[PATCH] KVM: PPC: BOOK3S: HV: Don't try to allocate from kernel page allocator for hash page table.

Aneesh Kumar K.V aneesh.kumar at linux.vnet.ibm.com
Wed May 7 00:20:48 EST 2014

Alexander Graf <agraf at suse.de> writes:

> On 06.05.14 09:19, Benjamin Herrenschmidt wrote:
>> On Tue, 2014-05-06 at 09:05 +0200, Alexander Graf wrote:
>>> On 06.05.14 02:06, Benjamin Herrenschmidt wrote:
>>>> On Mon, 2014-05-05 at 17:16 +0200, Alexander Graf wrote:
>>>>> Isn't this a greater problem? We should start swapping before we hit
>>>>> the point where non movable kernel allocation fails, no?
>>>> Possibly but the fact remains, this can be avoided by making sure that
>>>> if we create a CMA reserve for KVM, then it uses it rather than using
>>>> the rest of main memory for hash tables.
>>> So why were we preferring non-CMA memory before? Considering that Aneesh
>>> introduced that logic in fa61a4e3 I suppose this was just a mistake?
>> I assume so.


>> Whatever remains is split between CMA and the normal page allocator.
>> Without Aneesh latest patch, when creating guests, KVM starts allocating
>> it's hash tables from the latter instead of CMA (we never allocate from
>> hugetlb pool afaik, only guest pages do that, not hash tables).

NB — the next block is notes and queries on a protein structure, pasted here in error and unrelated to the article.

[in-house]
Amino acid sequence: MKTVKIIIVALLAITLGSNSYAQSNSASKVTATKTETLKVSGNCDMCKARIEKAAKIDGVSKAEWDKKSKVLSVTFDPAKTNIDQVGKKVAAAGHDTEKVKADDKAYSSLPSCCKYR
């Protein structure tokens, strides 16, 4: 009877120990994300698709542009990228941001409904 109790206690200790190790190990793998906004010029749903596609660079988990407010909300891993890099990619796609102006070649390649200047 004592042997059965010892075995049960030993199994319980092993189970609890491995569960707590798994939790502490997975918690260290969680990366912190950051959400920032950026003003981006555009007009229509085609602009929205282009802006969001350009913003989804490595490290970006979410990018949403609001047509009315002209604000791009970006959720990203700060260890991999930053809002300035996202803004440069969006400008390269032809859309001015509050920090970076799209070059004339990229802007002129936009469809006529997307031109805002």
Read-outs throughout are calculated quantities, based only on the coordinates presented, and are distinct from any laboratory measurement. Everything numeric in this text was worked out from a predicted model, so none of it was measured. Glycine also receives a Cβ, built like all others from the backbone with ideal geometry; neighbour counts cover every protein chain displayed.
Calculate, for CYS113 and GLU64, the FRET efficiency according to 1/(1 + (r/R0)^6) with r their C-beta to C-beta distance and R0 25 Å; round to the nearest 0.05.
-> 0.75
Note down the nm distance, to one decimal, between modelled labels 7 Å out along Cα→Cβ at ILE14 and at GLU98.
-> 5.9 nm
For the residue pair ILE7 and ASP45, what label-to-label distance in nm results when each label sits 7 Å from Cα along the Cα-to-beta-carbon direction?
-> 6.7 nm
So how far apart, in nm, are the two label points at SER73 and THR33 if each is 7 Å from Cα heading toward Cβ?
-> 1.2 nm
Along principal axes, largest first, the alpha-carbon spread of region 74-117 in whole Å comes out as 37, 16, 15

>> So we exhaust the page allocator and get linux into OOM conditions
>> while there's plenty of space in CMA. But the kernel cannot use CMA for
>> it's own allocations, only to back user pages, which we don't care about
>> because our guest pages are covered by our hugetlb reserve :-)
> Yes. Write that in the patch description and I'm happy ;).

How about the below:

Current KVM code first try to allocate hash page table from the normal
page allocator before falling back to the CMA reserve region. One of the
side effects of that is, we could exhaust the page allocator and get
linux into OOM conditions while we still have plenty of space in CMA. 

Fix this by trying the CMA reserve region first and then falling back
to normal page allocator if we fail to get enough memory from CMA
reserve area.


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